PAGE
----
Assignment 4.3: Case Study

** Please note:  This blog post was written in whole or in part as an assignment for a class that I was taking.  If you decide to use some of my work in your own assignments, please give credit where credit is due and cite your source!  Thanks :) **

CASE STUDY:

Paul is a 55-year-old computer technician. Paul says that his favorite thing about his job is that “I don’t fix computers; I fix people.” He is very popular at work and is often specifically requested. He expresses a profound humility and tends to make other people feel as if their ordinary experiences were extraordinary.

Paul has four children and two grandchildren. He likes to read poetry on his porch or play pickup football games with his sons and neighbors. Paul claims that he likes to travel, but his wife complains that he “never can get his act together” so they don’t travel much. However, in his home, brochures are affixed to the refrigerator with magnets.

Paul admits to taking stabs at novel-writing, painting, and sculpture, and he has a guitar he has never learned to play. About these incomplete goals, though, he says that he is only 55 and has plenty of time left. He considers himself an introvert and feels like he needs a great deal of private time to recharge after a busy day at work.

Our assignment here is to write an analysis of Paul from each of the following perspectives: trait (focus on the Big Five), learning-theory, humanist, and sociocultural, and to consider the following questions:

  • How is Paul different at home from at work? Which perspective is this consistent with?
  • How is Paul’s age relevant?
  • Paul doesn’t seem to finish things. What does that tell you about him?

From the Trait Perspective, Paul shows signs of openness to experience by way of his multitudes of interests like travel, reading poetry, writing, painting, and sculpting.  He seems to fall into the category of extraverted sanguine in some ways, particularly at work.  However, he falls into the introverted phlegmatic category as well, seeming more quiet and reserved when he’s at home alone with his wife.  He also falls into the Big Five category of agreeableness, with his kindness, trust, and warmth he shows to the people at work and to customers.  He exhibits the virtues of wisdom and knowledge, showing creativity, curiosity, open-mindedness, love of learning, and is able to provide people with sound advice.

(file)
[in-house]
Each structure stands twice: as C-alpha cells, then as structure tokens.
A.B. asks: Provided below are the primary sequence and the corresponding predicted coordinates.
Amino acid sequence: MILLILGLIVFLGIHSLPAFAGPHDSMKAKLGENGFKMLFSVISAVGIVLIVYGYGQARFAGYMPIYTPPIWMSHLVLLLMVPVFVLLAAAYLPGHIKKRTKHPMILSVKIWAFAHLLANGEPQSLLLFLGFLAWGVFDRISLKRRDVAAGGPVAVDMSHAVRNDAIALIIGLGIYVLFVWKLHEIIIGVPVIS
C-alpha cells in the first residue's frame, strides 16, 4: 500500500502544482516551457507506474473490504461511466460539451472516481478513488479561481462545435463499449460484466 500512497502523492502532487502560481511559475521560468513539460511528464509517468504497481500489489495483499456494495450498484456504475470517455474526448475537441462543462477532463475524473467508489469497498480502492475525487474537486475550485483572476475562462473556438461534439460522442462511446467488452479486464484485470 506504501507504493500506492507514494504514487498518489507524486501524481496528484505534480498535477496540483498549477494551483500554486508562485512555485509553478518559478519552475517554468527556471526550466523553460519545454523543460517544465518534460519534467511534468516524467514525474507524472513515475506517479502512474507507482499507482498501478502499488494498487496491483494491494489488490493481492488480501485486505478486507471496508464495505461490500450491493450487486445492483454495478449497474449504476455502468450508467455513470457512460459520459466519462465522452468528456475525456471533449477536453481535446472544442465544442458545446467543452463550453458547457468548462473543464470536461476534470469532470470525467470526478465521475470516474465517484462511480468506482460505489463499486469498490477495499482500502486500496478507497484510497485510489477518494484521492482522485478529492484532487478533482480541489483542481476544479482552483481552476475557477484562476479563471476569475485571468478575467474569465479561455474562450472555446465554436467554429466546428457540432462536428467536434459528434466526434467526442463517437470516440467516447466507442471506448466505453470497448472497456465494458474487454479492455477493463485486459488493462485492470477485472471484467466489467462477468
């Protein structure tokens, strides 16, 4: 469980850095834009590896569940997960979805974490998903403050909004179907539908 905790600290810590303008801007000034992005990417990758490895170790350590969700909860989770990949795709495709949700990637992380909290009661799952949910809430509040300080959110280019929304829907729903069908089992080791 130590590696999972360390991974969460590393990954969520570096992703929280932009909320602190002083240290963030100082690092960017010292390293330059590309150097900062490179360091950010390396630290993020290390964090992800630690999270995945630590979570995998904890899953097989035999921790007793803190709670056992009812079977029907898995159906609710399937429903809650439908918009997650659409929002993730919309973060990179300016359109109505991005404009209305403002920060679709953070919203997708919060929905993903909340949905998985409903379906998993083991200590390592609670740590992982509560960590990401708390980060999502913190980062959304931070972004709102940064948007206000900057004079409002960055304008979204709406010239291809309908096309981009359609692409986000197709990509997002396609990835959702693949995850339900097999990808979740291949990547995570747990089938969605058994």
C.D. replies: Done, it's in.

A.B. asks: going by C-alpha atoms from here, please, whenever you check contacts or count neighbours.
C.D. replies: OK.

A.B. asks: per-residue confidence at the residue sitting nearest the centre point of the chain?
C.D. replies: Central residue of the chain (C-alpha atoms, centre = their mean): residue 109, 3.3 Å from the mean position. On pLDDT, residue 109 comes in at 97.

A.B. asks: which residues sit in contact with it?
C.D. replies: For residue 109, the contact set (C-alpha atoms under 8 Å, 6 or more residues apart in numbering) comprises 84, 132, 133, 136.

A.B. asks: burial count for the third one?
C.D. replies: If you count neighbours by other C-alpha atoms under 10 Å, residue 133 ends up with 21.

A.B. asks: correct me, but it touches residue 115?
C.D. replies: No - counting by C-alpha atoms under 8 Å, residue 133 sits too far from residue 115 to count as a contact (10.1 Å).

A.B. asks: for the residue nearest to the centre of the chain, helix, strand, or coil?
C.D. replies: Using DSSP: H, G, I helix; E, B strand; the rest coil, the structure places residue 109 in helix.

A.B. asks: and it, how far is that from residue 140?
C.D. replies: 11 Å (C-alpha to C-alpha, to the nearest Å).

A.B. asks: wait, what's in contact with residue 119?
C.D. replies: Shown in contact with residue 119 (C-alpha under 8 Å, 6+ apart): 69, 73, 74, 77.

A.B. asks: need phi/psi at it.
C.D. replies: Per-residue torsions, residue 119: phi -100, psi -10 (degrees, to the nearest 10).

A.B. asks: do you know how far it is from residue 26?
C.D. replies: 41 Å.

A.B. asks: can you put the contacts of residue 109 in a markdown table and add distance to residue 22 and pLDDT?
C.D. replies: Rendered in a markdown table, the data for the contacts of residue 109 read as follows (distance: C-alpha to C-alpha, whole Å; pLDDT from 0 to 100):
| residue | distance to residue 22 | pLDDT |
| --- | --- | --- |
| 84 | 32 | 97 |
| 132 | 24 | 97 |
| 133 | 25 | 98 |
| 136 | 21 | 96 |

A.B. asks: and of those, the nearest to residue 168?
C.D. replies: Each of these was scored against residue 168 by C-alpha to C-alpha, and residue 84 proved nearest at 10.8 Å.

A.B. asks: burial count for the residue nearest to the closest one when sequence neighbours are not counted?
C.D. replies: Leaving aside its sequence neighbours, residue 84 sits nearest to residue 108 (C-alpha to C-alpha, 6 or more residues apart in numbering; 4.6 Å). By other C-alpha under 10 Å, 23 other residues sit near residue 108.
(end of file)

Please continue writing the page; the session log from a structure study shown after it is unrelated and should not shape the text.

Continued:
In the Learning-Theory Perspective, from a behaviorism perspective, Paul is molded by his environment.  As a computer technician, he is forced to socialize with people and his personality forms to fit that position.  He is able to easily talk to people and get them talking about themselves, and people seem to be comfortable around him.  With his family and friends, he also conforms to what is expected, doing things like playing football with his sons. But he also spends time reading and writing, or making art and music.  From a social cognitive theory perspective, his personality shapes him as well.  His self-efficacy expectations led him to attempt writing, painting, and potentially playing the guitar.  Even though he doesn’t know how to play yet, he thinks he might be able to, so he’s willing to try.

Regarding the Humanistic Perspective, Paul displays many traits of self-actualization.  He moves towards self-fulfillment in an ethical way with his responses to people, helping bring them out of their own shells, but by his interests in so many things, some of which he may not have even gotten very far with, he is constantly working towards being all that he can be.  Based on Carl Roger’s theory of self, Paul views himself from one frame of reference, but others view him differently.  He has self-esteem, but even his wife has conditional positive regard subconsciously telling him that he can’t get his act together to start certain things like traveling, or learning the guitar.

The Sociocultural perspective does not give us much to go on with Paul.  We are unaware of his cultural background, or his relationships with people of other cultures, so we can’t base his personality on what we know there.  Paul does exhibit traits of individualism, as we see with his perspectives about his own personal goals.  He has attempted many different activities and his statement that he’s only 55 and has plenty of time left shows that he’s putting priority on his personal goals, and will get them done in his own time.

Paul is quite different when he is at work compared to when he is at home.  He is much more extraverted when he is at work, able to talk with people openly and get them to talk freely to him as well.  He takes care of his customers, and when he is with his family and neighbors he still displays an amicable extraverted personality in his activities with people.  When he is home alone with his wife, however, he steps into himself more, requiring time alone to unwind and do his own thing.  This is all consistent with the Trait Perspective.

Paul’s age is relevant because it tells the reader that he is an older man, that he has become set in his ways and has become very agreeable, also in line with the Trait Perspective.  It also points towards his own self-actualization, as he doesn’t feel like he’s running out of time to do the things he wants to do, but still doggedly moves forward with his goals.  Paul’s inability to finish things suggests he might get bored quickly and want to move on to new projects.

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